Bruce Phipps (b. 1933)
Retired engineering patternmaker & second-generation patternmaking business owner, tennis player, Sydney
Apprenticed as an engineering patternmaker at Cockatoo Island shipyards, late 1940s – early 1950s
I actually made a wooden pattern of the Sunbeam Kettle which is still – that same model is being used today. So, I made that kettle out of wood.
On his apprenticeship at Cockatoo Island:
Well, you see, it was a shipyard, so they made all the patterns for the valves, and all the parts that used to be in the ships. That was interesting. But it was a big pattern shop. There was twenty-three fellas, which was a lot in a pattern shop, and they all – a lot of them had independent jobs. Like, there was a fella downstairs, if you wanted timber, you’d tell him what you want. He’d plane it up. And they had, in those days, which was good, they had special machines – like, special routers which were not just all hand-done, and they used to make patterns for propellers, and I remember, even to this day, Lady Hopetoun on the Harbour – which is still going; it’s one of the maritime boats – I actually made the pattern myself for the propeller on that boat, which – if you know the Lady Hopetoun, it’s a weird thing. All the cabins are on an angle, and so was the propeller! Instead of just being a straight propeller, the blades come back on an angle, and that was one of my jobs that I did myself, which I was pretty rapt in. and not only that, at that time – I was in fourth year; you did five years’ apprenticeship in those days – and all the fellas wanted more overtime. And the work wasn’t there, but, I don’t know why, they said, “Yeah, OK. You can have all the overtime you want.” And they worked themselves out of a job. … So here I was, no work, so they gave me a job fitting out a model of a frigate with all the valves, the turbines, everything in the engine room, in sections. … very interesting for me because it meant that I went all over Cockatoo Island getting all these different drawings of things that I’d never seen before to make all the different parts of the ship.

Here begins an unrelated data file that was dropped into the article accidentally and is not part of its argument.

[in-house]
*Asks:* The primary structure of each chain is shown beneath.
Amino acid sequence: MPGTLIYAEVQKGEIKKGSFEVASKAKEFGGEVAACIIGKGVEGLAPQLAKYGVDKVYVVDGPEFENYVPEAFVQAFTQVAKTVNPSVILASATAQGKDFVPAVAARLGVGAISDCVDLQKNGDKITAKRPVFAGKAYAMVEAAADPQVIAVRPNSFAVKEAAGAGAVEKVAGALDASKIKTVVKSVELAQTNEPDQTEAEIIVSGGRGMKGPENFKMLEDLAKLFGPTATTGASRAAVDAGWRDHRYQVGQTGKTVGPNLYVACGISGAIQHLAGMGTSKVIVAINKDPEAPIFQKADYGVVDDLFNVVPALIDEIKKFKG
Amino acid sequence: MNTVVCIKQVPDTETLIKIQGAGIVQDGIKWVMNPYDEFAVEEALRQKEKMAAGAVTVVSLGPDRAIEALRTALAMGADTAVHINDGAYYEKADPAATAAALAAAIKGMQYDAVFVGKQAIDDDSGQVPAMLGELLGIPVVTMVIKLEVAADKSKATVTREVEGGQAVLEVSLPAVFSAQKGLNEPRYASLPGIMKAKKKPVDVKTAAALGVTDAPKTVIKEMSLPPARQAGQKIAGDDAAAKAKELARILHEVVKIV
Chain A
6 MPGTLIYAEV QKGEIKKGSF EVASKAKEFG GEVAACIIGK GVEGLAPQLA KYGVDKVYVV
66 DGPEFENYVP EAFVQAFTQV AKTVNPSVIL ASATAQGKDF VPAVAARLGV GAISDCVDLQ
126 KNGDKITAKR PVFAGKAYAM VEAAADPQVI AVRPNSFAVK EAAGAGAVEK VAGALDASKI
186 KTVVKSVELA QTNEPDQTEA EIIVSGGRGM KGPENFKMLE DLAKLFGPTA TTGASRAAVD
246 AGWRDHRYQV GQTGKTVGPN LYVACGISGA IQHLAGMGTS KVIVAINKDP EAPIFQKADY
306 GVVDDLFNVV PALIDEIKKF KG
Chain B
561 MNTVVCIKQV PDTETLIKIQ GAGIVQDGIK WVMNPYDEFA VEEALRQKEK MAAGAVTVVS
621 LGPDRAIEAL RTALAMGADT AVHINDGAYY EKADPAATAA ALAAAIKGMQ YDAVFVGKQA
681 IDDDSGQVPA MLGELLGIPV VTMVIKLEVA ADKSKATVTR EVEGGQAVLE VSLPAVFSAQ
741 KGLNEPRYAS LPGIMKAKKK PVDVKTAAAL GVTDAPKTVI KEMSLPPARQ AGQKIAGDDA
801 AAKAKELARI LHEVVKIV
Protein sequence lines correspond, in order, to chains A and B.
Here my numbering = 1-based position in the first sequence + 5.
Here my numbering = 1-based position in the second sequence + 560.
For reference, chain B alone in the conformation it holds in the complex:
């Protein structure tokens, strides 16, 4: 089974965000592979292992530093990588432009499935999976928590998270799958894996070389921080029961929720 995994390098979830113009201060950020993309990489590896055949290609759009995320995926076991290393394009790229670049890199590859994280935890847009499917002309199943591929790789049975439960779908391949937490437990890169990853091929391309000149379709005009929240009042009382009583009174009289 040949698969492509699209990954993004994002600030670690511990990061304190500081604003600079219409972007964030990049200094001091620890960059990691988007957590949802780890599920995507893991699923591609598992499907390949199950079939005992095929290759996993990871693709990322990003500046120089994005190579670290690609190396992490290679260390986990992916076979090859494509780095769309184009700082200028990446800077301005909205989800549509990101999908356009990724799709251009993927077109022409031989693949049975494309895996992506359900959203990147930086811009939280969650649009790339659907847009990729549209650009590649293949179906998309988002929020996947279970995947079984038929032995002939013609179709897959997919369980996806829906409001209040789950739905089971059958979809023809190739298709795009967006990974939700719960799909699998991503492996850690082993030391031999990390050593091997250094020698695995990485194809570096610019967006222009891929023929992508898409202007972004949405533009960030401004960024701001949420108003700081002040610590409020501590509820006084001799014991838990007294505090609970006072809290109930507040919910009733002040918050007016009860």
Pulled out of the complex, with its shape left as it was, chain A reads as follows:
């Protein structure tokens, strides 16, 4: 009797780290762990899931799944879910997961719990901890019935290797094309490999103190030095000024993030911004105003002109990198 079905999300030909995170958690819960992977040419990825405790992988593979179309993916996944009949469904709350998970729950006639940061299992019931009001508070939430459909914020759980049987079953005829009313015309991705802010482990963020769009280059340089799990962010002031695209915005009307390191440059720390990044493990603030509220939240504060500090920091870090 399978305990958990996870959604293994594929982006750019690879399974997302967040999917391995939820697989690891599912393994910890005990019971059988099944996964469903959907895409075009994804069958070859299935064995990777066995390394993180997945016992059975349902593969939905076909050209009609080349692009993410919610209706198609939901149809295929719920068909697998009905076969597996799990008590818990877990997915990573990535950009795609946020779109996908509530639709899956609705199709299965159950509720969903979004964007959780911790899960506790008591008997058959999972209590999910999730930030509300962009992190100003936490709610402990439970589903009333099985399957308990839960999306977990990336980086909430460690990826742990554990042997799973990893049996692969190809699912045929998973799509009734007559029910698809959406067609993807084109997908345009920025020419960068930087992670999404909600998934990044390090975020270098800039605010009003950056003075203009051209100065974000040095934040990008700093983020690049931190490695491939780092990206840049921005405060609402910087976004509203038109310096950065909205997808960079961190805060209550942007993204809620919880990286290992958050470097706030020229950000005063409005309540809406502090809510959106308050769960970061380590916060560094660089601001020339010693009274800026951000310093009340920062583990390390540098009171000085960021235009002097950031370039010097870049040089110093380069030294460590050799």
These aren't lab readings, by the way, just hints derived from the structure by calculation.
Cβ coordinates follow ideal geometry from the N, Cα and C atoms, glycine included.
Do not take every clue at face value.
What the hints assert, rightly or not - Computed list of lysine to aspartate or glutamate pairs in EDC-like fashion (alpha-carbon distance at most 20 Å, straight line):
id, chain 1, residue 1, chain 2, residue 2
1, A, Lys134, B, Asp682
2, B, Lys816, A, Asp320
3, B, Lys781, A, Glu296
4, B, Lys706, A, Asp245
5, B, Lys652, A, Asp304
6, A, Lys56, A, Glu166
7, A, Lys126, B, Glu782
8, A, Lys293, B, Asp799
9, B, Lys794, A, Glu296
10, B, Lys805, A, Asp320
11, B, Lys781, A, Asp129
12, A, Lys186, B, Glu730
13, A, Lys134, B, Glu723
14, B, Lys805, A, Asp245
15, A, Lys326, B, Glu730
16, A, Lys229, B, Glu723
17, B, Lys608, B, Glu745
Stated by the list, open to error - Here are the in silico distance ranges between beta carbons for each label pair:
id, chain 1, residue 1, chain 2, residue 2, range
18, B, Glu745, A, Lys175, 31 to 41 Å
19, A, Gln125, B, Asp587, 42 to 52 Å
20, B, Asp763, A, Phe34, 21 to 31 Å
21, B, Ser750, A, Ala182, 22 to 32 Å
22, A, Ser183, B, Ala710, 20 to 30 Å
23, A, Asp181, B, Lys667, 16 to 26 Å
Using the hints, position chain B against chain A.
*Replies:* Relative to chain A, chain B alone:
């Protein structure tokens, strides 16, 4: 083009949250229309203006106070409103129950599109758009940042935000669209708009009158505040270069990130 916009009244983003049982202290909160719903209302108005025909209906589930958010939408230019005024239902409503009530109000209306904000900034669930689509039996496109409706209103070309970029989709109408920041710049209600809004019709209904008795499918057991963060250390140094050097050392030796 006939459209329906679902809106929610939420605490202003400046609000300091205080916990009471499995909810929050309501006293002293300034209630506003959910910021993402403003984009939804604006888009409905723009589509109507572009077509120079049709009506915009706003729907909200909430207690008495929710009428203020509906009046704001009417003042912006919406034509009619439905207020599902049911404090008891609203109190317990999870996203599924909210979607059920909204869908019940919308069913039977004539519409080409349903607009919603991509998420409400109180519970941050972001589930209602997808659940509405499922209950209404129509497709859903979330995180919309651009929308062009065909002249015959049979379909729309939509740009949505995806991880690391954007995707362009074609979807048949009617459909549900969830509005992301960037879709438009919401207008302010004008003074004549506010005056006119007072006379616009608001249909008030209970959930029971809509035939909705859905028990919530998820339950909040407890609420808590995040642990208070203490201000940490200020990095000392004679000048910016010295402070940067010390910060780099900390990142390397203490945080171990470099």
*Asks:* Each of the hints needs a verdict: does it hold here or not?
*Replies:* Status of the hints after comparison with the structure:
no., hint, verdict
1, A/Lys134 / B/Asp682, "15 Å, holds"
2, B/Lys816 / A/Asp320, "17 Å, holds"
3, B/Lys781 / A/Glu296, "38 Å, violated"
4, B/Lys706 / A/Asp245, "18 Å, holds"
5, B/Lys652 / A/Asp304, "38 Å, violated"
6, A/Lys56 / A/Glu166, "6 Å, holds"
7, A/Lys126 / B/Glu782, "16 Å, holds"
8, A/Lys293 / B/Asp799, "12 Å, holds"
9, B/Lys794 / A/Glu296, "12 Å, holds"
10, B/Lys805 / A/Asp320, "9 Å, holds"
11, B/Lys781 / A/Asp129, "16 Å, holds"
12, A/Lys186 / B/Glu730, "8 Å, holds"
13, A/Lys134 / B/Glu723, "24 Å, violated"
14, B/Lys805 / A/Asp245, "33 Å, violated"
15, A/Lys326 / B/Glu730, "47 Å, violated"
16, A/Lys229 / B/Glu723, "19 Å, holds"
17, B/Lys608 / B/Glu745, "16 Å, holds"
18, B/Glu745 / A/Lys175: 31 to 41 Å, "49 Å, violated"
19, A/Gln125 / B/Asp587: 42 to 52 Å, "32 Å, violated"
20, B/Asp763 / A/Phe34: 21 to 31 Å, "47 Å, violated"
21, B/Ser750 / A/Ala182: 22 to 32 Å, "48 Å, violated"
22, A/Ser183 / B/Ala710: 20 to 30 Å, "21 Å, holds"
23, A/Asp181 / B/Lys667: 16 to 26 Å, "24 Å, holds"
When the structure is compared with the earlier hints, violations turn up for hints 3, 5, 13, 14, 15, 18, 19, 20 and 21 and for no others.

Bruce Phipps’ interview is held with the National Library of Australia (not available online just yet, but can be accessed via Copies Direct or in person.)